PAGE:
Nobody knows how shaky the royal marriage really is, perhaps not even the principals themselves. All the publicity can hardly have helped what has always seemed a problematical match. Their wedding in 1978 followed a lengthy courtship, during which Caroline's father and mother threw up every possible impediment. Prince Rainier and especially her staunchly Catholic mother, Princess Grace, worried that their daughter was marrying a man of little discernible achievement in the real estate business, who was 17 years older than the princess and whose commitment to marriage was questionable at best. "Did he go out much?" a friend of Junot's laughs. "He was born out—out of traditional society, out of normal family and bourgeois frames, outside any woman's possessive power. He was in nightclubs a lot—and in many different bedrooms." Only after the strong-willed Caroline insisted for two full years on marriage did her parents give their reluctant consent. The ceremony in Monte Carlo was notably devoid of the joyful pageantry that marked the union of the fairytale prince and his American film queen in 1956.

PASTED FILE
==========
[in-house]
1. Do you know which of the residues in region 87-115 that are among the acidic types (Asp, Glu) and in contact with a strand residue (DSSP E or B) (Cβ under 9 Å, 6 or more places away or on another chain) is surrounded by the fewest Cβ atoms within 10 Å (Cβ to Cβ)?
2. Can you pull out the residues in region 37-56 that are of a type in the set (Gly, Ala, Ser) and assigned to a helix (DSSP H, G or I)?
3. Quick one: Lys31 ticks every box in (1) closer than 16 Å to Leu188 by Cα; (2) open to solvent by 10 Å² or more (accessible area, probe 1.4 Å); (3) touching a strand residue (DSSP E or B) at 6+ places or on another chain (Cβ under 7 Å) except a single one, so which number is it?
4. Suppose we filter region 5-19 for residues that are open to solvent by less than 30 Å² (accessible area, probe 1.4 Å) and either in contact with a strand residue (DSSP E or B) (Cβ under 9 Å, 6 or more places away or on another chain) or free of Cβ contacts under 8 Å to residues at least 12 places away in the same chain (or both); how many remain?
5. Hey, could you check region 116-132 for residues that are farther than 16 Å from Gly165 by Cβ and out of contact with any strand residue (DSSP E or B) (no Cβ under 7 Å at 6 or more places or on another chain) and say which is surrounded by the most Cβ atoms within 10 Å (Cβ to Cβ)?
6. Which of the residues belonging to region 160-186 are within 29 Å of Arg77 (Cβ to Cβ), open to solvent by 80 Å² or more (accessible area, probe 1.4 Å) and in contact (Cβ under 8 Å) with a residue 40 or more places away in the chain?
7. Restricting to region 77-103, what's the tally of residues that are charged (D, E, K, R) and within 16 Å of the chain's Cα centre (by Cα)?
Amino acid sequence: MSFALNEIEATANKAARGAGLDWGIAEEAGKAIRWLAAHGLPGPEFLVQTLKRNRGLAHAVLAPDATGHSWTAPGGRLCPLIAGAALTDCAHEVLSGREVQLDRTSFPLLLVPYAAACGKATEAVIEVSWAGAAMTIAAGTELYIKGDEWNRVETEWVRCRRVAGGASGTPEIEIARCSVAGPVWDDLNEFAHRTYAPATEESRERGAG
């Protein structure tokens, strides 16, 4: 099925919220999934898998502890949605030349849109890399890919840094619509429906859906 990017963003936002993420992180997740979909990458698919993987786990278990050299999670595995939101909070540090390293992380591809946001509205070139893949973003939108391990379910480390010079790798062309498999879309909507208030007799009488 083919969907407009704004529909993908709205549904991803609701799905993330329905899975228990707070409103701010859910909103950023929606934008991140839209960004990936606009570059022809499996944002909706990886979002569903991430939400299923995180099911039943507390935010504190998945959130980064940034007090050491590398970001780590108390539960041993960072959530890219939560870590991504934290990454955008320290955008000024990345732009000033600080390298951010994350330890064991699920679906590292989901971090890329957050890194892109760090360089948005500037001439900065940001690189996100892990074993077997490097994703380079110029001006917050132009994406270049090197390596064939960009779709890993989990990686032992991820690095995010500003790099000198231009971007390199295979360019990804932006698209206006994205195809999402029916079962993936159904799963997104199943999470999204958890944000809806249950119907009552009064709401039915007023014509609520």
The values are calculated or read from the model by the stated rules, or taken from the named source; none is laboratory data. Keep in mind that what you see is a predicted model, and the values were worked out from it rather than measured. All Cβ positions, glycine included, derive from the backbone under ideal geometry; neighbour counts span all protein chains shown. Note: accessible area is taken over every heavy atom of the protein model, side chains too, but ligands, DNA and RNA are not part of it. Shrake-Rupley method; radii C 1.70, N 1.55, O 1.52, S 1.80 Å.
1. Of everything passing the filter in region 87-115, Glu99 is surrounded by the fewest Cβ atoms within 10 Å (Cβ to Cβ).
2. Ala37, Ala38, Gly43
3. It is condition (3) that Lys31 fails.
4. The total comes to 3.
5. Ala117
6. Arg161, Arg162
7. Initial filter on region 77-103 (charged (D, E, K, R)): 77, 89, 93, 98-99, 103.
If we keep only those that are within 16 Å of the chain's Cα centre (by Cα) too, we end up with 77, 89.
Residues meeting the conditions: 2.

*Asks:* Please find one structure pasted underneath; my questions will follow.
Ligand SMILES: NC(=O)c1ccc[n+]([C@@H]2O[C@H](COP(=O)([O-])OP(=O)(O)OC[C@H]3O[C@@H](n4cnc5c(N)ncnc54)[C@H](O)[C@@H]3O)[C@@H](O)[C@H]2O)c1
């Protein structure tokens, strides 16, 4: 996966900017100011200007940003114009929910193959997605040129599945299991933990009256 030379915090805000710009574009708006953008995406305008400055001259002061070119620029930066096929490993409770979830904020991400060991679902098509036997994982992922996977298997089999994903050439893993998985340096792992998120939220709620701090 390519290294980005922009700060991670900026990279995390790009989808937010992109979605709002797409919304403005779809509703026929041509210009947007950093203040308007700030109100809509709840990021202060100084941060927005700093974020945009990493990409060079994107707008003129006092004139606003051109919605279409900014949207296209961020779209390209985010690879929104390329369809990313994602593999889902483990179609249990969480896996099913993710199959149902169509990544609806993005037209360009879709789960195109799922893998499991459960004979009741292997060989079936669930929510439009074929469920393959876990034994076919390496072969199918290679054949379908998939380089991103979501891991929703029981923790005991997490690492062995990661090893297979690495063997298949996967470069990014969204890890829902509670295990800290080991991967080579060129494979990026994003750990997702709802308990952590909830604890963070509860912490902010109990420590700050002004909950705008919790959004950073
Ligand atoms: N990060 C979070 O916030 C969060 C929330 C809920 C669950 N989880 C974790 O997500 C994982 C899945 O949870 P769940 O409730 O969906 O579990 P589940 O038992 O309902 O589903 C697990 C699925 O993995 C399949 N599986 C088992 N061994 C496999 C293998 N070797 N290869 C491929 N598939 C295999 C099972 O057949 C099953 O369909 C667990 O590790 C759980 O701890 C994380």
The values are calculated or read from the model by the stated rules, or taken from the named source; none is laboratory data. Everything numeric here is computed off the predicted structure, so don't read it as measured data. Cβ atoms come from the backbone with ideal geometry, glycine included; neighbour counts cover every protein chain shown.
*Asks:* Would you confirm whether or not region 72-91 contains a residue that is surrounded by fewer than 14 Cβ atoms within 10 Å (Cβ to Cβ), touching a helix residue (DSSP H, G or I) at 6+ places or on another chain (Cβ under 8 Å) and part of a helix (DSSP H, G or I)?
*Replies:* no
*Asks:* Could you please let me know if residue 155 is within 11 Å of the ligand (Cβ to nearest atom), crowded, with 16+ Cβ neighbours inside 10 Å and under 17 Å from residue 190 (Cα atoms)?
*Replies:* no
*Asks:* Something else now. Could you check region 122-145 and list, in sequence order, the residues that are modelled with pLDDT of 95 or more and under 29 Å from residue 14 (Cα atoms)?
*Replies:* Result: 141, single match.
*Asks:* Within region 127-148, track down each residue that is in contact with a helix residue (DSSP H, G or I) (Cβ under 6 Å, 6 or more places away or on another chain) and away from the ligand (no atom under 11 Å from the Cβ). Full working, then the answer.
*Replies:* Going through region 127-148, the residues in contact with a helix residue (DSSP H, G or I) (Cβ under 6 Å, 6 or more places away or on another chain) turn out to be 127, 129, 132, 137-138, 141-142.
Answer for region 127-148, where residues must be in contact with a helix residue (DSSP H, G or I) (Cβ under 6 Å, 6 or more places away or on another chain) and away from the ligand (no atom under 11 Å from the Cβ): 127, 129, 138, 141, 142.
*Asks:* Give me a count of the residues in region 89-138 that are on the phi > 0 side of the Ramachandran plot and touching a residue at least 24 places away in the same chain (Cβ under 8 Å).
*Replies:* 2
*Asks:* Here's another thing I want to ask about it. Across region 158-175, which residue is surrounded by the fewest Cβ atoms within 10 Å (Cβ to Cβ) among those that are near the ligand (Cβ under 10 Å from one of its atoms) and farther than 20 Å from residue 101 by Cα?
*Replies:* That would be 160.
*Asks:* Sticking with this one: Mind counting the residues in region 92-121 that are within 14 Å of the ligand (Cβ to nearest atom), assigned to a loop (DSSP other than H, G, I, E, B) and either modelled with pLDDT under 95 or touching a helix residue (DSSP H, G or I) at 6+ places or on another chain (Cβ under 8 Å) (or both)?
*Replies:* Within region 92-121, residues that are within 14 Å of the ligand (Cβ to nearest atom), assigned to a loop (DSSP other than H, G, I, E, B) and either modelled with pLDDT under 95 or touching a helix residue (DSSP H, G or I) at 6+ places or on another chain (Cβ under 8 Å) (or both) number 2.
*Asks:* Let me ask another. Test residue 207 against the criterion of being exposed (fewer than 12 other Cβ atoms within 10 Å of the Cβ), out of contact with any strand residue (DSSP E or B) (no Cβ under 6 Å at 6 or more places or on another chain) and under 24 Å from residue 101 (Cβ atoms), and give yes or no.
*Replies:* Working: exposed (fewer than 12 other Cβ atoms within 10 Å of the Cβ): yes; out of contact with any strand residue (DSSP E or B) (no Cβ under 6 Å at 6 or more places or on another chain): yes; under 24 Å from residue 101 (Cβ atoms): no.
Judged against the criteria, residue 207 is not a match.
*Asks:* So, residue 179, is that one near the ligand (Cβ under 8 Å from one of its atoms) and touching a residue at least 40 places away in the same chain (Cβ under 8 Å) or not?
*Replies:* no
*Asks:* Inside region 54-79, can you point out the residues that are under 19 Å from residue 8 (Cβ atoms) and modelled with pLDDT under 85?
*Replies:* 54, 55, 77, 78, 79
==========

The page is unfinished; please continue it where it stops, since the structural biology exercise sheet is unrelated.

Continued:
As if to confirm the parents' worst fears, Caroline and Philippe started going their separate ways shortly after the honeymoon. "Ours is entirely a physical separation—because of my obligations," Junot insisted in the Paris Match interview. His detractors—and even some friends—suggest that his defense of the marriage is motivated more by opportunism than by love. "Losing Caroline would be very bad for him," says Peppo Vanini, owner of Xenon and reportedly a confidant of the couple. "He likes her very much. He will never find another girl like her. You don't divorce Princess Caroline." As another of Caroline's old friends puts it, with more candor and less charity: "He's the one who can't afford to lose his spouse and position."